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of publishing a deliberate falsehood, and because his averment is in itself probable. It is exactly what we should have expected, that, even in his wildest paroxysms of democratic enthusiasm, Mr. Southey would have felt no wish to see a simple remedy applied to a great practical evil ; that the only measure which all the great statesmen of two generations have agreed with each other in supporting, would be the only measure which Mr. Southey would have agreed with himself in opposing. He has passed from one extreme of political opinion to another, as Satan in Milton went round the globe, contriving constantly to “ride with darkness." Wherever the thickest shadow of the night may at any moment chance to fall, there is Mr. Southey. It is not everybody who could have so dexterously avoided blundering on the daylight in the course of a journey to the Antipodes.

Mr. Southey has not been fortunate in the plan of any of his fictitious narratives. But he has never failed so conspicuously, as in the work before us; except, indeed, in the wretched Vision of Judgment. In November, 1817, it seems, the Laureate was sitting over his newspaper, and mediating about the death of the Princess Charlotte. An elderly person, of very dignified aspect, makes his appearance, announces himself as a stranger from a distant country, and apologises very politely for not having provided himself with letters of introduction. Mr. Southey supposes his visitor to be some American gentleman, who has come to see the lakes and the lakepoets, and accordingly proceeds to perform, with that grace which only long experience can give, all the duties which authors owe to starers. He assures his guest that some of the most agreeable visits which he has received have been from Americans, and that he knows men among them whose talents and virtues would do honour to any country. In passing, we may observe, to the honour of Mr. Southey, that, though he evidently has no liking for the American institutions, he never speaks of the people of the United States with that pitiful assectation of contempt by which some members of his party have done more than wars or tariffs can do to excite mutual enmity between two communities formed for mutual friendship. Great as the faults of his mind are, paltry spite like this has no place in it. Indeed, it is scarcely conceivable that a man of his sensibility and his imagination should look without pleasure and national pride on the vigorous and splendid youth of a great people, whose veins are filled with our blood, whose minds are nourished with our literature, and on whom is entailed the rich inheritance of our civilization, our freedom, and our glory.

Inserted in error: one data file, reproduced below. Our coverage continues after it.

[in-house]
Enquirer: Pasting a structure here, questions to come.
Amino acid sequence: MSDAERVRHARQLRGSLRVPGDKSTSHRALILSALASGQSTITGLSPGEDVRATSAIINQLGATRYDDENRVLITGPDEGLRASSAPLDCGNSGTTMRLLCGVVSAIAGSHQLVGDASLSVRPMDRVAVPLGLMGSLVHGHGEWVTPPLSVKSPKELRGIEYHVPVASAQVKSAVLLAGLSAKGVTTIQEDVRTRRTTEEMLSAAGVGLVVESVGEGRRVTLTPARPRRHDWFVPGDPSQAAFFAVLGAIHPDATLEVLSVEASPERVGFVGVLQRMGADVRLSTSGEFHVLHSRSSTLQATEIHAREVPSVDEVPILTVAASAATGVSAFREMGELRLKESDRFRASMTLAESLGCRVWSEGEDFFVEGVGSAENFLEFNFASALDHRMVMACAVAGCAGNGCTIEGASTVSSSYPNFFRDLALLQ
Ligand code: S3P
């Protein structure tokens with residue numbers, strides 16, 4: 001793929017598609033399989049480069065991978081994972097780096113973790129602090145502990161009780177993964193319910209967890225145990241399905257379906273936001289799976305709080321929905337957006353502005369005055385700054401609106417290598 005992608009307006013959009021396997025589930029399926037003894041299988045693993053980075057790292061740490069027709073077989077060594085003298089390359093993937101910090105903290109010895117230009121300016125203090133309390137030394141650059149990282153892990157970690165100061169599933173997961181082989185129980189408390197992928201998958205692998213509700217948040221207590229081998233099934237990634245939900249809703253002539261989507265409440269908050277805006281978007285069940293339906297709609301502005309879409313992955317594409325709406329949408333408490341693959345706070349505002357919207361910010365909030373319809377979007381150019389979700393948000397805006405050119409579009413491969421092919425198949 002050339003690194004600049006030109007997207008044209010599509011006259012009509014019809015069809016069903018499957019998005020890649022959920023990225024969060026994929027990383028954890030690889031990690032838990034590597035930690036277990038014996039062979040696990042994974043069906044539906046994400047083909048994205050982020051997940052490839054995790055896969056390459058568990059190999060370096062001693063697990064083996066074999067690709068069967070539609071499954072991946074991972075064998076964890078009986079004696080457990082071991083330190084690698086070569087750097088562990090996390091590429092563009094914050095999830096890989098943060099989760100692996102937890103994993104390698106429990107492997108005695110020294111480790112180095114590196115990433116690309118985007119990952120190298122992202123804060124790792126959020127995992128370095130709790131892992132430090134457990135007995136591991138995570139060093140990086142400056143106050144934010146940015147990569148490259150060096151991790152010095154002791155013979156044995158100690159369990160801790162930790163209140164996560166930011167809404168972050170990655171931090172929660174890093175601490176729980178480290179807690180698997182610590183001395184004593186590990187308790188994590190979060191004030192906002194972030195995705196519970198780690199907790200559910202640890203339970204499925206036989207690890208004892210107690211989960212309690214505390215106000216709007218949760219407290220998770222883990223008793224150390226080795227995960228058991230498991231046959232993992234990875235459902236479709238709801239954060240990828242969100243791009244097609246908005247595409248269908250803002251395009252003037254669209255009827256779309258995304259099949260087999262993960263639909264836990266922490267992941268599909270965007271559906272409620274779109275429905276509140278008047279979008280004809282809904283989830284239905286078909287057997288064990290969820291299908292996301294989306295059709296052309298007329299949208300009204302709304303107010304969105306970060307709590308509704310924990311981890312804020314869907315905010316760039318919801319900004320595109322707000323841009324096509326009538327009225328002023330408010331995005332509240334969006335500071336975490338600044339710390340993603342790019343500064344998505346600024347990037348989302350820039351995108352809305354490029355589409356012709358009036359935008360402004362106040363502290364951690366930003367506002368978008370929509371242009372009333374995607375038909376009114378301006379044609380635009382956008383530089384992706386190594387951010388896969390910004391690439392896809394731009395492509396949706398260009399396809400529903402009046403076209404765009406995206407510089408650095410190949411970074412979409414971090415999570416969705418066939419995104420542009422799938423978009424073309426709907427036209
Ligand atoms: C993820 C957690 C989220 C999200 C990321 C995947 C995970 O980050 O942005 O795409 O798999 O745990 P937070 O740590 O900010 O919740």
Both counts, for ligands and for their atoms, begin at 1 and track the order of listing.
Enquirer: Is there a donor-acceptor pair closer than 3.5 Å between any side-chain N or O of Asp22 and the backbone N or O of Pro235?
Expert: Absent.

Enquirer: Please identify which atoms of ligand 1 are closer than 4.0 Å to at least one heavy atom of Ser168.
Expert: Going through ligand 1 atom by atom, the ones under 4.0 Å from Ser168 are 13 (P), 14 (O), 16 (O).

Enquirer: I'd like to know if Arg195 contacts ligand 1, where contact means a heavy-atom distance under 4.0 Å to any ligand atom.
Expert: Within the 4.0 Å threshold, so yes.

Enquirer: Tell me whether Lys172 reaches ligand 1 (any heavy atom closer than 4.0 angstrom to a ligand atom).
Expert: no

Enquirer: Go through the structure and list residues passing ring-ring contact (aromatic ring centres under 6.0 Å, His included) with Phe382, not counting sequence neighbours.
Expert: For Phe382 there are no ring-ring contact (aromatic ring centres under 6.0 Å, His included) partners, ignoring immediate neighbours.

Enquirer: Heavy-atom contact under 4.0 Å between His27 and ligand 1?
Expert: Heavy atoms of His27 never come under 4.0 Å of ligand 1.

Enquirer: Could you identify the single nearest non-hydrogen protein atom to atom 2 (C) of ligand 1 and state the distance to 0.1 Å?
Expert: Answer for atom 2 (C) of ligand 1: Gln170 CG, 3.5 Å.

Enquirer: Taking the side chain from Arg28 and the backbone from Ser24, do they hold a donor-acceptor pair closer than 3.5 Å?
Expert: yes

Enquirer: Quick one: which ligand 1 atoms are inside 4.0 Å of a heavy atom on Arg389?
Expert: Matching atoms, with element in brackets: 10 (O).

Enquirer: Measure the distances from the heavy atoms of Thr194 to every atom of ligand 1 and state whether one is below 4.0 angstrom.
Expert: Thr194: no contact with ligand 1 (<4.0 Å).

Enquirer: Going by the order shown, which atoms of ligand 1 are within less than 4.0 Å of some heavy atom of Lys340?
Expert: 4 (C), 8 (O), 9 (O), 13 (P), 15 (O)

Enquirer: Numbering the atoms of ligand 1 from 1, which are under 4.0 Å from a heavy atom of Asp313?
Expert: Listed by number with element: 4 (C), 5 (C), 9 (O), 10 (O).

But we must return to Mr. Southey's study at Keswick. The visitor informs the hospitable poet that he is not an American, but a spirit. Mr. Southey, with more frankness than civility, tells him that he is a very qucer one. The stranger holds out his hand. It has neither weight nor substance. Mr. Southey upon this become more serious; his hair stands on end; and he adjures the spectre to tell him what he is, and why he comes. The ghost turns out to be Sir Thomas More. The traces of martyrdom, it seems, are worn in the other world, as stars and ribbands are worn in this. Sir Thomas shows the poet a red streak round his neck, brighter than a ruby, and informs him that Cranmer wears a suit of flames in paradise, the right-band glove, we suppose, of peculiar brilliancy.

Sir Thomas pays but a short visit on this occasion, but promises to cultivate the new acquaintance which he has formed, and, after begging that his visit may be kept secret from Mrs. Southey, vanishes in to air.

The rest of the book consists of conversations between Mr. Southey and